Abstract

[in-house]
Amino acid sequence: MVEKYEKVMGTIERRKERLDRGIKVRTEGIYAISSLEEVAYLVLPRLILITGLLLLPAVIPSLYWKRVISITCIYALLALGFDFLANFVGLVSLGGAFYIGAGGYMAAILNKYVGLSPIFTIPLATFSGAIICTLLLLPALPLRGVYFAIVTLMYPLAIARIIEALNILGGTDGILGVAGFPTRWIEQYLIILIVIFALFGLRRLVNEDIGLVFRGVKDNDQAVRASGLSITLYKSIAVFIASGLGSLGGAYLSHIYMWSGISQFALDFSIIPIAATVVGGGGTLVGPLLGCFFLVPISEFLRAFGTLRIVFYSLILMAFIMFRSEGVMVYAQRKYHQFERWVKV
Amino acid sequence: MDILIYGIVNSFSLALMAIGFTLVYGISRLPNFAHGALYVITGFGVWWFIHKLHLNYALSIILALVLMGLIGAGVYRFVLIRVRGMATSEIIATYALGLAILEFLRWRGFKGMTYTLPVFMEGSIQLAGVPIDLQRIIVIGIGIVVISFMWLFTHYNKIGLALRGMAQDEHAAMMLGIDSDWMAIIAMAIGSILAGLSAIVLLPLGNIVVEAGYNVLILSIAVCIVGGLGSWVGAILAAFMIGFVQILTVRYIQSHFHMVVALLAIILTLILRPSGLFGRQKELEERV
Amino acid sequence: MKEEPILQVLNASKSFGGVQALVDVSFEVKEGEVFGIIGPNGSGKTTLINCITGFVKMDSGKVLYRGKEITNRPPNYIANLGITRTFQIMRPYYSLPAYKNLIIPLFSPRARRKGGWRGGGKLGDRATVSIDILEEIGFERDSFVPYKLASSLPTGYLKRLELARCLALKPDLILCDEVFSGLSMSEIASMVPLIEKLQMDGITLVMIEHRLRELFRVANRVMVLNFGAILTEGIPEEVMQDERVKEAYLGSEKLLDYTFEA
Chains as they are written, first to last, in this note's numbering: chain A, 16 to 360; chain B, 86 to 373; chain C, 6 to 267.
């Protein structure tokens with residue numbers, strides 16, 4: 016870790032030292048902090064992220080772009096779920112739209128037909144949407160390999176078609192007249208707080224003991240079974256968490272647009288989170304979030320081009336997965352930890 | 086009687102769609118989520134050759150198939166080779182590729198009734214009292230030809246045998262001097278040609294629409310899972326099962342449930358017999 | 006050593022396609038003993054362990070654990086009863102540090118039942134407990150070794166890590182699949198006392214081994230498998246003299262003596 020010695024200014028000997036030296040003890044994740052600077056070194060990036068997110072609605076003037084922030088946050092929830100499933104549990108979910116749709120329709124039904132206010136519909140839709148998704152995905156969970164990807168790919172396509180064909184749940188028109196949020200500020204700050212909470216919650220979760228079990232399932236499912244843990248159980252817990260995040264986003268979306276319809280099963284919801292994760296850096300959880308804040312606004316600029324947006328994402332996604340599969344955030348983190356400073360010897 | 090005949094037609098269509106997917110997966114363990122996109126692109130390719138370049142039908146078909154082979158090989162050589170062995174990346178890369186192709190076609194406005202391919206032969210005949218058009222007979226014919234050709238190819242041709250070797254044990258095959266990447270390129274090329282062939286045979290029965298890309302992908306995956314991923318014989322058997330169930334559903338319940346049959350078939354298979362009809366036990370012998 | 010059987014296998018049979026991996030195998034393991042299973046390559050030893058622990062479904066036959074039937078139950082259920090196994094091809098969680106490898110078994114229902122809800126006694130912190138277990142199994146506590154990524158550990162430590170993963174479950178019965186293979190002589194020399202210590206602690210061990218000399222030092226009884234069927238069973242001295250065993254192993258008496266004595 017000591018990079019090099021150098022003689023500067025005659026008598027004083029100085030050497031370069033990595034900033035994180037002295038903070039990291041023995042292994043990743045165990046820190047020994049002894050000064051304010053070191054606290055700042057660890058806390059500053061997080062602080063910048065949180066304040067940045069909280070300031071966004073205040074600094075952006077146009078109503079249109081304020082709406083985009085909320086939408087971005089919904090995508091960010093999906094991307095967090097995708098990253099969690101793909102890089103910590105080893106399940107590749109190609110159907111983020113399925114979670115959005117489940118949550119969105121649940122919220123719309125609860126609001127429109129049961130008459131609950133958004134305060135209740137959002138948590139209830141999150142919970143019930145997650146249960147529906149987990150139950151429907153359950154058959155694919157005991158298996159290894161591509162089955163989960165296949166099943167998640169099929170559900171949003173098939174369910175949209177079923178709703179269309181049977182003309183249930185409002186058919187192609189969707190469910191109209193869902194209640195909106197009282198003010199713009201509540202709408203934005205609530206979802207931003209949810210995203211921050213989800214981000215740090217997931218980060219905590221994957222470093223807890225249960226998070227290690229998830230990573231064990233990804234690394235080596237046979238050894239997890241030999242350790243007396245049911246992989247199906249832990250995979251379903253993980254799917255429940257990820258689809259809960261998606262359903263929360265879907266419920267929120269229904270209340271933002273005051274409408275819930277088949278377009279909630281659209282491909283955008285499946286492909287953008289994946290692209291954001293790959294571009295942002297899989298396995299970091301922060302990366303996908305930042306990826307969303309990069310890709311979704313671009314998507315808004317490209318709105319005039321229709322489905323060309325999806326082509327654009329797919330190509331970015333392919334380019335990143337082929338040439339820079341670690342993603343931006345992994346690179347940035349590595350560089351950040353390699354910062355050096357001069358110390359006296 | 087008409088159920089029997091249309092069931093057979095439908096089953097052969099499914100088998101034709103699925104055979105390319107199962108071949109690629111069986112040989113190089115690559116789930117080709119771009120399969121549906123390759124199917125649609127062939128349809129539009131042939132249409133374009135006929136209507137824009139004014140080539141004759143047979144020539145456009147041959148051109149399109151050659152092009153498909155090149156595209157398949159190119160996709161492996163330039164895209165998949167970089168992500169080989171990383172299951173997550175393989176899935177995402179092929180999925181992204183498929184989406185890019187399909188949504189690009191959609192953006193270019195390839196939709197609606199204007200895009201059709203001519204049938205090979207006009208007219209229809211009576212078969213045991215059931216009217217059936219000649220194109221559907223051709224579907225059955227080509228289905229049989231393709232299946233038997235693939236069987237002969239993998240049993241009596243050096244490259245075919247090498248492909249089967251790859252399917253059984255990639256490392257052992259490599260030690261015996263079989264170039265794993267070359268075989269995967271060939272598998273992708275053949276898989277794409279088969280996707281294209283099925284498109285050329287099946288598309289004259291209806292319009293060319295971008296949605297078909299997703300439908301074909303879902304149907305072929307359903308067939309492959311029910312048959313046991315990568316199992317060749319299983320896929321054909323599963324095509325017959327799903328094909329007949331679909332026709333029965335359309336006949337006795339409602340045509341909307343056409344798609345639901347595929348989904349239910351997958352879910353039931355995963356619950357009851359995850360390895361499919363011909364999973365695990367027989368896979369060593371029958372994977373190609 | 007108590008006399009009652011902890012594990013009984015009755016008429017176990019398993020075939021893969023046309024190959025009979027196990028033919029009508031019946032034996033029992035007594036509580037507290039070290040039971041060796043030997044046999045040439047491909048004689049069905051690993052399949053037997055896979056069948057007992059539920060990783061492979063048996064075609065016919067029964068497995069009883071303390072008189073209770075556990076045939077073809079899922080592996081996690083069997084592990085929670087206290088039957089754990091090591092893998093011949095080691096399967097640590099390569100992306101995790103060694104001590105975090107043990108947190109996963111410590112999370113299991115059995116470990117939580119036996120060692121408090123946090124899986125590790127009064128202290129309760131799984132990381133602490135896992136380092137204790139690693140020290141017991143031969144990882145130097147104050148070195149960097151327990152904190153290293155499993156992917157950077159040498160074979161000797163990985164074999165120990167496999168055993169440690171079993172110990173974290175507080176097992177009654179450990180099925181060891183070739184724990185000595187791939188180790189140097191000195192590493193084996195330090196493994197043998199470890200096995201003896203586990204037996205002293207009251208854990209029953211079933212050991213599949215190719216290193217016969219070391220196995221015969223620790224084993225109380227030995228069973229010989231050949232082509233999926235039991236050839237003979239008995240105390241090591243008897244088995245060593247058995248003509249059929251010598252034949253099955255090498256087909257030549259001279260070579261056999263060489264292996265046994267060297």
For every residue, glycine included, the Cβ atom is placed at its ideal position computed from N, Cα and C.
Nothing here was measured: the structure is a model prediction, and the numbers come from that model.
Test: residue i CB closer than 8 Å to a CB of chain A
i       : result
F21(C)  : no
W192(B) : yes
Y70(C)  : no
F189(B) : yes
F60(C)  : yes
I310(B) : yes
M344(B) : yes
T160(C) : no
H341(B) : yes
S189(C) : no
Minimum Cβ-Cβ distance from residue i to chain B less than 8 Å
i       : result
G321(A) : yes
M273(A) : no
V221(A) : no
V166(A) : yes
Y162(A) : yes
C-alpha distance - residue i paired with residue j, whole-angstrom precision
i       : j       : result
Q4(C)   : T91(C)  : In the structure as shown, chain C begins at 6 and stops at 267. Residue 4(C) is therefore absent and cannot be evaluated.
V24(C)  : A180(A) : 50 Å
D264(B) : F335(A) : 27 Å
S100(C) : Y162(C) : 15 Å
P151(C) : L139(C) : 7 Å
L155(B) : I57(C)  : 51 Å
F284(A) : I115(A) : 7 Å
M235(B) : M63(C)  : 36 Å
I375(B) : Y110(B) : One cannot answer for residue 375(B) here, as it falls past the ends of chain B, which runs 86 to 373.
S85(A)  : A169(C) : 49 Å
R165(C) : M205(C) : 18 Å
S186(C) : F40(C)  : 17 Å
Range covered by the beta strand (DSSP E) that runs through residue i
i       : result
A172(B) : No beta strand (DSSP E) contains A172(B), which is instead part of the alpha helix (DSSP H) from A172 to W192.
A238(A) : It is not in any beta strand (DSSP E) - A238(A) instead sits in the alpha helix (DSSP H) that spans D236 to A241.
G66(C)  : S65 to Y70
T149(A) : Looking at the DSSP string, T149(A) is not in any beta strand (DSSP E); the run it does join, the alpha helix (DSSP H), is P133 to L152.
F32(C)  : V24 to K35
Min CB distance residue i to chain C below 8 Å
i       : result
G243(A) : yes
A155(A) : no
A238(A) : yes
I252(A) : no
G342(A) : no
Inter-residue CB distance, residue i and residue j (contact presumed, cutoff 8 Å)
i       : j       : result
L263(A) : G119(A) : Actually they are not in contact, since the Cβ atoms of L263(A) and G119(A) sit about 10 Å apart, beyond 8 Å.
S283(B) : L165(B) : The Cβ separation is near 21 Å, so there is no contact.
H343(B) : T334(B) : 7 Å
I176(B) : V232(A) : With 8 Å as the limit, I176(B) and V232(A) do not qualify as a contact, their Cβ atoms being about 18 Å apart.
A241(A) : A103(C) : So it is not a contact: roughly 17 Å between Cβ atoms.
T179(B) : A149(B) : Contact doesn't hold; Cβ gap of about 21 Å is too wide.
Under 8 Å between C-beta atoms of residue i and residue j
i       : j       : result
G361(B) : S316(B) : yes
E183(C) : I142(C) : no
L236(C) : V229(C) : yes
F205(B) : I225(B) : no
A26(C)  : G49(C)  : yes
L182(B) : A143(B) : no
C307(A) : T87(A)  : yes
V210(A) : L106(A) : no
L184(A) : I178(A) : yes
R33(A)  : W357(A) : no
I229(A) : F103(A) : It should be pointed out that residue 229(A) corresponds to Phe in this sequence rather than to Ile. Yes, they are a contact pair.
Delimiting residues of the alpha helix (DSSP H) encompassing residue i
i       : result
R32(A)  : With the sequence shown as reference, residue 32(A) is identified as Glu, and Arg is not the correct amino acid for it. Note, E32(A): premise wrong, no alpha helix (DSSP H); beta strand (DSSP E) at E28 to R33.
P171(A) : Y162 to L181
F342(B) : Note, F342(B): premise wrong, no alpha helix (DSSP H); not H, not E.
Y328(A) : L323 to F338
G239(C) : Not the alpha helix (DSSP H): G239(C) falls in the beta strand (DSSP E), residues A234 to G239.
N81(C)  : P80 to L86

The approximation, (∂K′s/∂T)P=0 ≈ 0, where K′s = (∂Ks/∂P)S, KS is the adiabatbbic bulk modulus, and P, T, and S represent pressure, temperature, and entropy, is often used, or implicitly assumed, to simplify the interpretation of lower mantle properties when determining plausible mineralogy of that region. This approximation is now found to be unsatisfactory, and a more general treatment gives a positive value which increases strongly with K′s. We find that (∂K′s/∂T)P=0 is (6 to 23) × 10−5K−1 for the lower mantle. The behavior of this higher order derivative necessitates a reconsideration of the lower mantle equation-of-state fitting by requiring a higher value of K′S0 (K′S at P = 0) than usually considered. The value of K′S0(T0) where T0 is the potential temperature, cannot reasonably be less than about 4.2 and may be as high as 4.6, depending on the uncertain value of K′S0 (290 K) for silicate perovskite. There is some trade-off between T0 and composition, but if a simple mixture of perovskite and magnesiowüstite is assumed, the total iron content is found to be Fe/(Fe + Mg) = 0.22, independent of both T0 and uncertainty in K′S0 for perovskite. This implausibly high iron content can be attributed to neglect of the presence of Ca perovskite. We therefore conclude that Ca perovskite is an important constituent of the lower mantle and that it is seismologically conspicuous.

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